1 - The turn 1 Confederates were cleared off the hill, but the Union attacker was left in tatters
and very vulnerable when Confederate reinforcements arrived.
2 - Union infantry move onto the hill, forcing the Confederate infantry and artillery below to stop and attack. The hope was that the other two regiments could make it off the board.
3 - Woods halve the number of hits. The Union were eventually seen off, but both
Confederate regiments were left with very heavy casualties.
4 - Initially this Union regiment attacked the Zouaves in the open, causing a lot of harm, but as the last surviving Union unit, they tried to escape over the hill - but failed. 

Time - The scenarios play in under an hour - and often 30 minutes is all that is needed.

Solitaire - This is a two player game that plays perfectly well solitaire. There is also a chapter dealing with solo play and it advocates such things as using dice to randomise the set up of one side and a set of chance cards - which is really just a variation on the Random Event Table idea. The idea of the solo suggestions is simply to loosen the players grip on the game and inject some chaos.

Complexity - very low, justifying 1 on a scale of 1 - 10. 

Space - The games are designed around a 3' x 3' board and really you could put any scale of figures on the table. Unit frontages are 4 - 6". so you could shrink all of this to a 2' x 2' board and have frontages at 3 - 4" and movement/ fire ranges reduced by 1/3. Off table space is not really needed. 

EDIT - note the recent 'edit' added just a few paragraphs above here in which a game was played in an 18" x 18" space.

Resources. I would recommend that readers visit the following blogs of people who each have a thoughtful approach to their gaming and are in the process of gaming with these rules.

Numbers, Wargames and Arsing about -
Shaun's wargaming with Miniatures -
League of Ausberg -

Also, please check out my sister website, it is a bit more magazine style in presentation than here - link -

Banner from the Commanders web pages


  1. I'm also playing around with the rules, as well as playing the scenarios with other sets just to see how well they transfer across. I've found this book very stimulating indeed, and appreciate the balance the author has struck between what the rules could have and what's actually needed

    I've also managed to play the scenarios on a 9" x 9" board using 6mm figures on a 1" frontage. I even played a couple of scenarios (using my own rules it's true) on a board on my lap when I went camping a few weeks ago.

    1. I forgot to add that I am playing through and documenting each of the 30 scenarios in order as the mood takes me. You an read about that HERE.

  2. Thanks for the report! I find the book very inspiring, I bought it for the scenarios as I love scenario books but I found that I like the whole approach, although I haven't tried the rules yet. But your report makes me want to give them a try!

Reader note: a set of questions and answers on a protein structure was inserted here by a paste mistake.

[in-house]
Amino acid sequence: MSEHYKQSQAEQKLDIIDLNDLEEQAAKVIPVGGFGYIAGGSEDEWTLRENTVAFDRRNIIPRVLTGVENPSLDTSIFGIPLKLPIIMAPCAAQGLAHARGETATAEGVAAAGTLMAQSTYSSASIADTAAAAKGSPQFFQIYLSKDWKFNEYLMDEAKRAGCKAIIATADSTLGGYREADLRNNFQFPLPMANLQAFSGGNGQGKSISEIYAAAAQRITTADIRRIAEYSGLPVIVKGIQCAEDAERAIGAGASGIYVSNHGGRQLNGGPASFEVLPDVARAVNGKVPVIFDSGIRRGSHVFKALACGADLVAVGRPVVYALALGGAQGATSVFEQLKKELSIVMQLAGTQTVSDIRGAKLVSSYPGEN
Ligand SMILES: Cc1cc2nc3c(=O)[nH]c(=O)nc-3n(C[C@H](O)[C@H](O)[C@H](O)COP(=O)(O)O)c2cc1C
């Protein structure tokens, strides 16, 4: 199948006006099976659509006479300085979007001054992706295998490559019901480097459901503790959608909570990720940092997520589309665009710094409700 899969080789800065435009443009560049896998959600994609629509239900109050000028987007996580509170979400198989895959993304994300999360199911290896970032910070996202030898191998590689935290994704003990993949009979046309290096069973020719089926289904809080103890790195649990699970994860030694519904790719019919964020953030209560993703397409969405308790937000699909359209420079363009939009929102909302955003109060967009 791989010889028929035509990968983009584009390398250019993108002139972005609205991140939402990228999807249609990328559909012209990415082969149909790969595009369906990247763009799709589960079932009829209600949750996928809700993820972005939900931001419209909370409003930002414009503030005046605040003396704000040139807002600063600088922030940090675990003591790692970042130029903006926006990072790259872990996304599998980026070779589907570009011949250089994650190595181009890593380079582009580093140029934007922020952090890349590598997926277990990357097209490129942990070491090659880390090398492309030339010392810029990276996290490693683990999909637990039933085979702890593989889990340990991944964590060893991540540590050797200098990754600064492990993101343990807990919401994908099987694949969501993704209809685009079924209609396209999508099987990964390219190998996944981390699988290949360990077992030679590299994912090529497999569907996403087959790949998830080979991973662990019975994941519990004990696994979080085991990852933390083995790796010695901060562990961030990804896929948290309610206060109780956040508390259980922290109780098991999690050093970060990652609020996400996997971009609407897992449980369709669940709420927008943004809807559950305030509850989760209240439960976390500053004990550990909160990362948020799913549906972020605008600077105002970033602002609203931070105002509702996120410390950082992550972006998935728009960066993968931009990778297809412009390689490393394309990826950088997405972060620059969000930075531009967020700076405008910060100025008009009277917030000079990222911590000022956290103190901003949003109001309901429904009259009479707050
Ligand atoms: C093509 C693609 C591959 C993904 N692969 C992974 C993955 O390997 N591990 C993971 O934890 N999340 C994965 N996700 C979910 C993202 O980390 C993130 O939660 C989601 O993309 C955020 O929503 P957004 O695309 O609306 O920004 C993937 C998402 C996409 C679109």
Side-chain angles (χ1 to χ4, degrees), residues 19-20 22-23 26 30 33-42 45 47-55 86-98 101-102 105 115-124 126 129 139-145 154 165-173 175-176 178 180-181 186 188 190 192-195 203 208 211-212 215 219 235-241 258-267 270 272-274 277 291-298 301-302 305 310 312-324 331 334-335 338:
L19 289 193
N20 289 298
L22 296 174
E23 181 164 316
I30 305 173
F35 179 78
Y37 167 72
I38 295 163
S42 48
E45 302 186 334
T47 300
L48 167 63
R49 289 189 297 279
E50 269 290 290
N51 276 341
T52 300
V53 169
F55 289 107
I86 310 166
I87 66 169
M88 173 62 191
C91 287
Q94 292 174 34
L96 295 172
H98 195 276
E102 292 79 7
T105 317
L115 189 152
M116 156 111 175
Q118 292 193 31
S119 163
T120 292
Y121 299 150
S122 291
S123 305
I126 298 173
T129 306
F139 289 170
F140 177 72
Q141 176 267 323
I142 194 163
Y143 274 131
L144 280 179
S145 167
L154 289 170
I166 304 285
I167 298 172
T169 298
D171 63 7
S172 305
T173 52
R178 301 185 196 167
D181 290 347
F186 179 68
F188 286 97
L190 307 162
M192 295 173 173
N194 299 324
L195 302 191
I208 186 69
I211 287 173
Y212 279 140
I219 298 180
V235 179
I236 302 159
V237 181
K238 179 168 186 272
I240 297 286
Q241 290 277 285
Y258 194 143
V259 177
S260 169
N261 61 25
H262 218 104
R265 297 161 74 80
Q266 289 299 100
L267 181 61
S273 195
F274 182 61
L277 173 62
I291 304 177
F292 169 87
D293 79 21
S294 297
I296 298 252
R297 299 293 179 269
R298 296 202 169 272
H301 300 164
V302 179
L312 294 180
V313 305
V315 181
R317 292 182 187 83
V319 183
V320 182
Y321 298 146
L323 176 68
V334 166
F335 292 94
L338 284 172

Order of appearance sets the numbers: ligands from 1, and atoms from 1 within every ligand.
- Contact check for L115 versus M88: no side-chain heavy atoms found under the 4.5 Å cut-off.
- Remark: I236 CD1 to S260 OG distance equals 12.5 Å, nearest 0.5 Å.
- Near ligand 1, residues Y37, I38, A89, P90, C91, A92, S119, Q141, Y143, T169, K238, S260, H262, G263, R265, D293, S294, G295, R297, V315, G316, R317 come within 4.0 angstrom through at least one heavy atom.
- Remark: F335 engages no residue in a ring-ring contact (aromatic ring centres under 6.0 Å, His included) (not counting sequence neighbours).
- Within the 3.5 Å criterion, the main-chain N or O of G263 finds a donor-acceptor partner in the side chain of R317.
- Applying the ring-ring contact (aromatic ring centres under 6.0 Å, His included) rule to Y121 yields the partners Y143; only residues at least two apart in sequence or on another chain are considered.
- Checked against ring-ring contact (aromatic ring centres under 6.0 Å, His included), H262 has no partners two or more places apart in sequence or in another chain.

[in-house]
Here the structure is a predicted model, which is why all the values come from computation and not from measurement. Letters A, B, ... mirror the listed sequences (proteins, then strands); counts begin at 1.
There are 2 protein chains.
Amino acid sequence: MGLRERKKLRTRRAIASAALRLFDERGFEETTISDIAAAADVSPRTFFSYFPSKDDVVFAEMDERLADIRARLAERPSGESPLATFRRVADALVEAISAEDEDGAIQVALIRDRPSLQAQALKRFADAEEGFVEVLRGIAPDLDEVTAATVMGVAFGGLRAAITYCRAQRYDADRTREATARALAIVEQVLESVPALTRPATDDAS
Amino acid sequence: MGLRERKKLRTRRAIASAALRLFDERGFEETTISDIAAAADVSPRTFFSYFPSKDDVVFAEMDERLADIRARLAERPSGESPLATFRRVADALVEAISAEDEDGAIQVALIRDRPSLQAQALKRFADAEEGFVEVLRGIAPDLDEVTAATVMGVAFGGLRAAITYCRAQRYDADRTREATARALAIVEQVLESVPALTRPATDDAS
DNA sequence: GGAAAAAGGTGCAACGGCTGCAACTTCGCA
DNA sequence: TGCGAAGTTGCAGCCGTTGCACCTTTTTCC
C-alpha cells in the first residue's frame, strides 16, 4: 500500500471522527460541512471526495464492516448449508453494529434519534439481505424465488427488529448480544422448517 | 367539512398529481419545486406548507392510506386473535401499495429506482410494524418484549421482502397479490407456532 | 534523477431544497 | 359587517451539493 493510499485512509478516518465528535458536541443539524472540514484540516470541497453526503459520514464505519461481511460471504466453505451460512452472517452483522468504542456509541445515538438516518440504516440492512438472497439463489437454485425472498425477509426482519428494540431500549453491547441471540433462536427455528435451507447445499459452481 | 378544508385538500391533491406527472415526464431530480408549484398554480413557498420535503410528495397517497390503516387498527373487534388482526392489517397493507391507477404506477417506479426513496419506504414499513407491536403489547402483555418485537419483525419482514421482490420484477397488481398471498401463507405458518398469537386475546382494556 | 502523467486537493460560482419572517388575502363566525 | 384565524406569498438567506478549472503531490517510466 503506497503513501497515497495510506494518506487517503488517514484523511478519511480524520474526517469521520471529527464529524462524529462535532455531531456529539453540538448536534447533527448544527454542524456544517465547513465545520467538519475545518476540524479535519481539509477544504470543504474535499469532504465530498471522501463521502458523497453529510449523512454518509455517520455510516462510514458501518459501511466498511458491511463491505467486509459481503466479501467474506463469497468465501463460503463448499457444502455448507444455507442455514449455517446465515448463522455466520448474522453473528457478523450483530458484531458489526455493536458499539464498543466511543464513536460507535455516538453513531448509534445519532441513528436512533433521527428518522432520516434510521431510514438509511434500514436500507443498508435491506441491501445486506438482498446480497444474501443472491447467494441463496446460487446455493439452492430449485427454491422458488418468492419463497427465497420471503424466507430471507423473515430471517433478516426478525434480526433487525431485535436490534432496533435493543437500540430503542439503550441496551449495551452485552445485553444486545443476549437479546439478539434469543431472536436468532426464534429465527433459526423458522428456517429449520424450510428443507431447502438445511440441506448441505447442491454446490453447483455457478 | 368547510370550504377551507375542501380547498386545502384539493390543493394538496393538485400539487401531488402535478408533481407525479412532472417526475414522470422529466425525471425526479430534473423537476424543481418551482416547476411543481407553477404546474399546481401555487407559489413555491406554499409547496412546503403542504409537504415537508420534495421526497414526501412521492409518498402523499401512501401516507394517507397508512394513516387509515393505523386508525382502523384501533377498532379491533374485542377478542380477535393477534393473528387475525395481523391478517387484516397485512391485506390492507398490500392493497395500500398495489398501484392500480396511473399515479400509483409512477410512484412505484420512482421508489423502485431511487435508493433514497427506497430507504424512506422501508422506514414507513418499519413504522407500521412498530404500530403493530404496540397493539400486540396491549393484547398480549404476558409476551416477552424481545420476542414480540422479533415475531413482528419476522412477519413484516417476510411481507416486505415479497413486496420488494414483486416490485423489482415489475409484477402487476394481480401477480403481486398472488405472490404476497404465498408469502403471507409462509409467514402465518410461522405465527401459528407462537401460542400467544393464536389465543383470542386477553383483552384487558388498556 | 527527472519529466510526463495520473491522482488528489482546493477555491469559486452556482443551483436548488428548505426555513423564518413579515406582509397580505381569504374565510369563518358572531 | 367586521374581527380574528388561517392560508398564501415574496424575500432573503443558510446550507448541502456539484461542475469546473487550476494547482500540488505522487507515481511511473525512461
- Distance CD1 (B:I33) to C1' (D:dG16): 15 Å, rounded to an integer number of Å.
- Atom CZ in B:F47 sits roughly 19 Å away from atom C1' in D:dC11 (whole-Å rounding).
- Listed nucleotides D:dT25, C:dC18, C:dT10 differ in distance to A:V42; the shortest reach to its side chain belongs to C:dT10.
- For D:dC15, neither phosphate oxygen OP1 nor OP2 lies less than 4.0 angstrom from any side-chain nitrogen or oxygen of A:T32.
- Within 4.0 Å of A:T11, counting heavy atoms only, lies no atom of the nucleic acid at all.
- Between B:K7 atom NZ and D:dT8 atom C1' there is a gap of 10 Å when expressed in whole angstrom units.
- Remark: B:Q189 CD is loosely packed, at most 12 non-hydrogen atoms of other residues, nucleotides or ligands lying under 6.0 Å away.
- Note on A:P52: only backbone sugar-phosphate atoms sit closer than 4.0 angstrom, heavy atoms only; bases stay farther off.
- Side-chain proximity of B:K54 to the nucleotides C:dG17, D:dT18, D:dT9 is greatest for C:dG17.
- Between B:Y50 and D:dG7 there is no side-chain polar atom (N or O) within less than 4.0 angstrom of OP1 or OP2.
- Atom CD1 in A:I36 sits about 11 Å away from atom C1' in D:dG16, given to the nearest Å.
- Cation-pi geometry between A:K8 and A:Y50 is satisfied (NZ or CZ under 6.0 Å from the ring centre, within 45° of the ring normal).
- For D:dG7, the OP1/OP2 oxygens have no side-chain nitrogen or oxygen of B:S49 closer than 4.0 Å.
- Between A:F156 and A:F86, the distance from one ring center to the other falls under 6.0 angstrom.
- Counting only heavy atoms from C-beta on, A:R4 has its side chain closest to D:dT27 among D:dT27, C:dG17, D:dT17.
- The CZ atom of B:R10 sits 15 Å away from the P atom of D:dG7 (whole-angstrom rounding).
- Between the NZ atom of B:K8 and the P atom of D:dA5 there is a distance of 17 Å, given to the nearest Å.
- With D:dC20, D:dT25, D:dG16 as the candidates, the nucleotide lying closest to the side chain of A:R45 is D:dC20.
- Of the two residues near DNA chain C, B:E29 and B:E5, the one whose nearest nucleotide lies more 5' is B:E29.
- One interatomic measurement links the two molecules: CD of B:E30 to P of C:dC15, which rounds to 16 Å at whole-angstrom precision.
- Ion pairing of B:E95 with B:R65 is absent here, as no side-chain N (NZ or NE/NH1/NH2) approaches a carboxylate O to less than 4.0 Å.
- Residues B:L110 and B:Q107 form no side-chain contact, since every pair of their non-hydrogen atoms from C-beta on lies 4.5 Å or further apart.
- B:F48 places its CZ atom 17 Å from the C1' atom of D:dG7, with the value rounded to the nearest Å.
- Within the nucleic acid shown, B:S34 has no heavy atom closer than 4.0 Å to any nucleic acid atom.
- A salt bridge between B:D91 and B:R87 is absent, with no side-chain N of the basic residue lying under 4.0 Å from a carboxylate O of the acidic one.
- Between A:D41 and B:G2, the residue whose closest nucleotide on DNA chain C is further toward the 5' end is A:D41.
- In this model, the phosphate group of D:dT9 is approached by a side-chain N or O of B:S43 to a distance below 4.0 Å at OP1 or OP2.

3. Norm,

    Excellent analysis. I agree with you - while the rules are admirable, they seem to have stripped away stuff that makes gaming fun. As a game it is great, but as a WARgame not so much. For me I think it is trying to blank out 40 years of wargaming experience that has conditioned me to requiring certain level of detail in a wargame. I think if I was coming to wargaming without this context, the rules would be fine.

  4. Oh, and thanks for putting the link to my report in the post - it does remind me that I have to get my daughter involved in another game, as well as give Songs of Blades and Heroes a go - it also has some math in it (the reason for 1HW with her in the first place)

  5. I just got this book for my birthday, and I'm not an experienced wargamer, mainly because I never have the time, space, and spare cash to invest in it. So it's serving its purpose for me very well.

    But one thing the book neglects is bookkeeping. How do you guys keep track of up to 15 hits for each of your units? Do you assign them names/numbers and just keep a separate tally sheet, or what?

  6. Hi, you could sign numbers / names etc and have a roster sheet, but I play quite a lot of solo play and for managing two sides, I would just rather have the visual effect of casualties shown on the actual table - so, I have a bunch of small dice (red and black) and as units take hits, I just use the dice values, by placing the dice behind the units to show the current hit level.

    I have seen some wargamers use a short length of coloured pipe-cleaner to denote casualties. Just lay the pipe-cleaner on your figure base. Everything to the right is considered a casualty, as more casualties are taken, just move the pipe-cleaner further along the unit - it does mean of course that you need at least 15 figures in your unit :-) or use a different coloured pipe-cleaner once you get past say 10 hits.

  7. Even though you have discontinued the blog I still keep coming back to your posts that I have not read yet.

    Great looking game. Despite your reservations here it looks like you kept at these rules.

  8. Dale, thank you for continuing to support the blog. The rules continue to interest me, though in the back-ground, I have my own hex rules that are a work in progress, which I will share at some point.

  9. Hello, I know this review is five years old but I just wanted to let you know I appreciated the read and wanted to say thanks!

  10. Thank you, your stopping by to comment is appreciated.